So the answer is all of your sentences are correct, and most of the time it doesn't really matter where I am when I say them. "I come to work", "I go to work" -- either way I don't have to be at home or at work to say these. It all depends on my perspective, whether I imagine myself already at home or already at work.

Keep in mind you have to use the perspective that makes sense in context. If my friend and I are thinking of a trip to Europe, I would say

Let's go to Europe.

and not

Let's come to Europe

However if I was talking to my friend in Europe I might say,

I want to come there to see you!

The difference is that, in the first case, there is no one in Europe whose perspective I relate to. In the second case I can put myself in my friend's shoes and see myself coming toward her. However, I can ask my friend in the US:

Do you want to come with me to Europe?

because I visualize that person with me as we move toward a location -- she's "coming along" with me.

It may sound confusing at first, but it does make sense once you get used to it.

  • So ... there aren't any rules to be followed when come and go are used since it's mainly based on perspectives? :/ – Marah Jan 19 '17 at 6:09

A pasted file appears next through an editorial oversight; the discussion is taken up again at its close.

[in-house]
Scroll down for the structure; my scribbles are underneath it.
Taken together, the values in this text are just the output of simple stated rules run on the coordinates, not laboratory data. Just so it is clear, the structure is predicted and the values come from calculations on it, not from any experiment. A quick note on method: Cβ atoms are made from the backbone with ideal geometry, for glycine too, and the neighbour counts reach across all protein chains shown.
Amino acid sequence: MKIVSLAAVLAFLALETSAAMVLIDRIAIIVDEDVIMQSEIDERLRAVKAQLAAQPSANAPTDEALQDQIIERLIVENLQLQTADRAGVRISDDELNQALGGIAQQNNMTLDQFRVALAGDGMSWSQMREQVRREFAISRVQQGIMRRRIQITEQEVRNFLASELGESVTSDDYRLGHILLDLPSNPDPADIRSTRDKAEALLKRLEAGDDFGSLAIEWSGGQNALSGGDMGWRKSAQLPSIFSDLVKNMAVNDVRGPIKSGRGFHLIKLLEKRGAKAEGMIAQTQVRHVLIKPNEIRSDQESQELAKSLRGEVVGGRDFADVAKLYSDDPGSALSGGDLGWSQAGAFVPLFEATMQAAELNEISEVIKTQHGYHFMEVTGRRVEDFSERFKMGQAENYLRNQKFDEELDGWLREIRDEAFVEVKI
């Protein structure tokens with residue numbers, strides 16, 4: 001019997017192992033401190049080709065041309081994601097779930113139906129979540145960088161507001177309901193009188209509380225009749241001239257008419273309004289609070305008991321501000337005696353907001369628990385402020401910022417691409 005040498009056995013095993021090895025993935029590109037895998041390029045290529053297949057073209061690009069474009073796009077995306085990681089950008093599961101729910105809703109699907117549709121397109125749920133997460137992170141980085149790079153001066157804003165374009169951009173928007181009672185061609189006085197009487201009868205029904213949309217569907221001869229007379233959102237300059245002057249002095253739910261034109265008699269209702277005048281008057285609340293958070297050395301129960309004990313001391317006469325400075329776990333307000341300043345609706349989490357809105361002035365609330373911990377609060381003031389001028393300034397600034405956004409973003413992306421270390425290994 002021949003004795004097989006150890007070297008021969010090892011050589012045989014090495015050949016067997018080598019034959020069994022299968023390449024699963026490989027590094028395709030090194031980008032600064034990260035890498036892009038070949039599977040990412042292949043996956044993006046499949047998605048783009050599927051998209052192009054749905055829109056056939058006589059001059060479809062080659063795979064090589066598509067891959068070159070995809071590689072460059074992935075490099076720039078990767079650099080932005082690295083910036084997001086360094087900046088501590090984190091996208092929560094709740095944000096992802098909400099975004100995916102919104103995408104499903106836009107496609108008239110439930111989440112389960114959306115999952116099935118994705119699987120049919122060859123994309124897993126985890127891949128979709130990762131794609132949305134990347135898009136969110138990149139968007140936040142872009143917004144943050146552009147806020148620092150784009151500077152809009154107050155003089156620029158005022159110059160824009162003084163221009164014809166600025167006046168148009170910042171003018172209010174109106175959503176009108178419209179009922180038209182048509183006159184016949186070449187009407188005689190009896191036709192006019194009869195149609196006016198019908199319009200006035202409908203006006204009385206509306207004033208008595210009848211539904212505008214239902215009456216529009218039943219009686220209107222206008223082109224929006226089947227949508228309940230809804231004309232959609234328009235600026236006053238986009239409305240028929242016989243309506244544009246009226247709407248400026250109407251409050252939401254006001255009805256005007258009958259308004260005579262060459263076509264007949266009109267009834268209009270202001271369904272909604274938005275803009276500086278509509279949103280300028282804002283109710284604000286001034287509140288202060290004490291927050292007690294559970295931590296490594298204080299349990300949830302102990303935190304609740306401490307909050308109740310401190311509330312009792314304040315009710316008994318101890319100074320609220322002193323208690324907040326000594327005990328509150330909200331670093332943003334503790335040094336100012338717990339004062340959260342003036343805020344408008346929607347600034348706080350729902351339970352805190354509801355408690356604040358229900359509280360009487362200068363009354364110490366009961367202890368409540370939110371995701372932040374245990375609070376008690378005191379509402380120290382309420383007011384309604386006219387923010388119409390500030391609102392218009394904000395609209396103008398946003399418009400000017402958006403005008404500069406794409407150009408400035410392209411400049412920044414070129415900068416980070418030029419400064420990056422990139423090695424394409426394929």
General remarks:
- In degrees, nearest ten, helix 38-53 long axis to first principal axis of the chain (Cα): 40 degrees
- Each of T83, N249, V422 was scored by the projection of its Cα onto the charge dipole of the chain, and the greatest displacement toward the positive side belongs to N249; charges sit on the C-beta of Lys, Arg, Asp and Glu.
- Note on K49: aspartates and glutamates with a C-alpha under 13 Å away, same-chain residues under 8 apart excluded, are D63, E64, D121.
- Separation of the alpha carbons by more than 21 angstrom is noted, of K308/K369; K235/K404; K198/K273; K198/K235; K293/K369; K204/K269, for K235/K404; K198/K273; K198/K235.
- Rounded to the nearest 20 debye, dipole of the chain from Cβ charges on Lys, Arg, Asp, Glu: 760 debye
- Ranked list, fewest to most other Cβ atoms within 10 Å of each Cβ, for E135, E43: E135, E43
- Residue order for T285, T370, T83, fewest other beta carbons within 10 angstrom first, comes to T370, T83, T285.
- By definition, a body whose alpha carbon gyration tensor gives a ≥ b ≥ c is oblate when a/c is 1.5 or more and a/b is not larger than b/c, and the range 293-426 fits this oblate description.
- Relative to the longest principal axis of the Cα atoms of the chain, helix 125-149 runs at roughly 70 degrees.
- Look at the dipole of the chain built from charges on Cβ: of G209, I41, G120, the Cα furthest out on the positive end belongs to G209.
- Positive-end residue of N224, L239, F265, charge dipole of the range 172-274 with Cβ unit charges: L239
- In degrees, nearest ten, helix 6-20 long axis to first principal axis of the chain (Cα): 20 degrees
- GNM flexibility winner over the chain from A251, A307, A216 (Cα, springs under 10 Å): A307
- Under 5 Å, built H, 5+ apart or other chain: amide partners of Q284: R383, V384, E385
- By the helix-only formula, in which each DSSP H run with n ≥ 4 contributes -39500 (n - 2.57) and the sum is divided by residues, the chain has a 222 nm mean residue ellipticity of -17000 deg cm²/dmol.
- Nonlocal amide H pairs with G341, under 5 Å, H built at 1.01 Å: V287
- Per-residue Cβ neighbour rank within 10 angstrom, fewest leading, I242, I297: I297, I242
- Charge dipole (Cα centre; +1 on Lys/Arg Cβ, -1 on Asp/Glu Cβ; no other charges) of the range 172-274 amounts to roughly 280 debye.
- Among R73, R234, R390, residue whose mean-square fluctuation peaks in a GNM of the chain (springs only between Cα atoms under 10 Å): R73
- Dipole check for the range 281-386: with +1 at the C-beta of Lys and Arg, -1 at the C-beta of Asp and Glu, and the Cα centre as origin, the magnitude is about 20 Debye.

• Perspective is the rule. As I said, it makes sense when you get used to it. – Andrew Jan 19 '17 at 6:48
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WARNING: The Bad News: What is actually right, no one pays attention to. I provide this analysis for future reference. In your first sentences, both ARE RIGHT. Here's why.

The Good News: The right way to use come and go is VERY EASY.

Come and go is determined by the location/position of the speaker (the person saying the sentence, the person speaking).

1) You go TOWARD a place away from you and things or people come TO the place where you are (I know that sounds funny).

[LOCATION: at work] I come to work at 4:30 p.m. [you are speaking to others at your place of work]

[LOCATION: not at work, away from work] I go to work at 4:40 p.m. [you are not at work at the time of speaking]

2) What time do you go home from work? [The person speaking to you and you are not at your home; you are somewhere else;]

3) What time do you come home? [The person is speaking is at your house; you may or may not be home [get home can be used for either come home or go home, get means arrive;get to work, get home, etc.]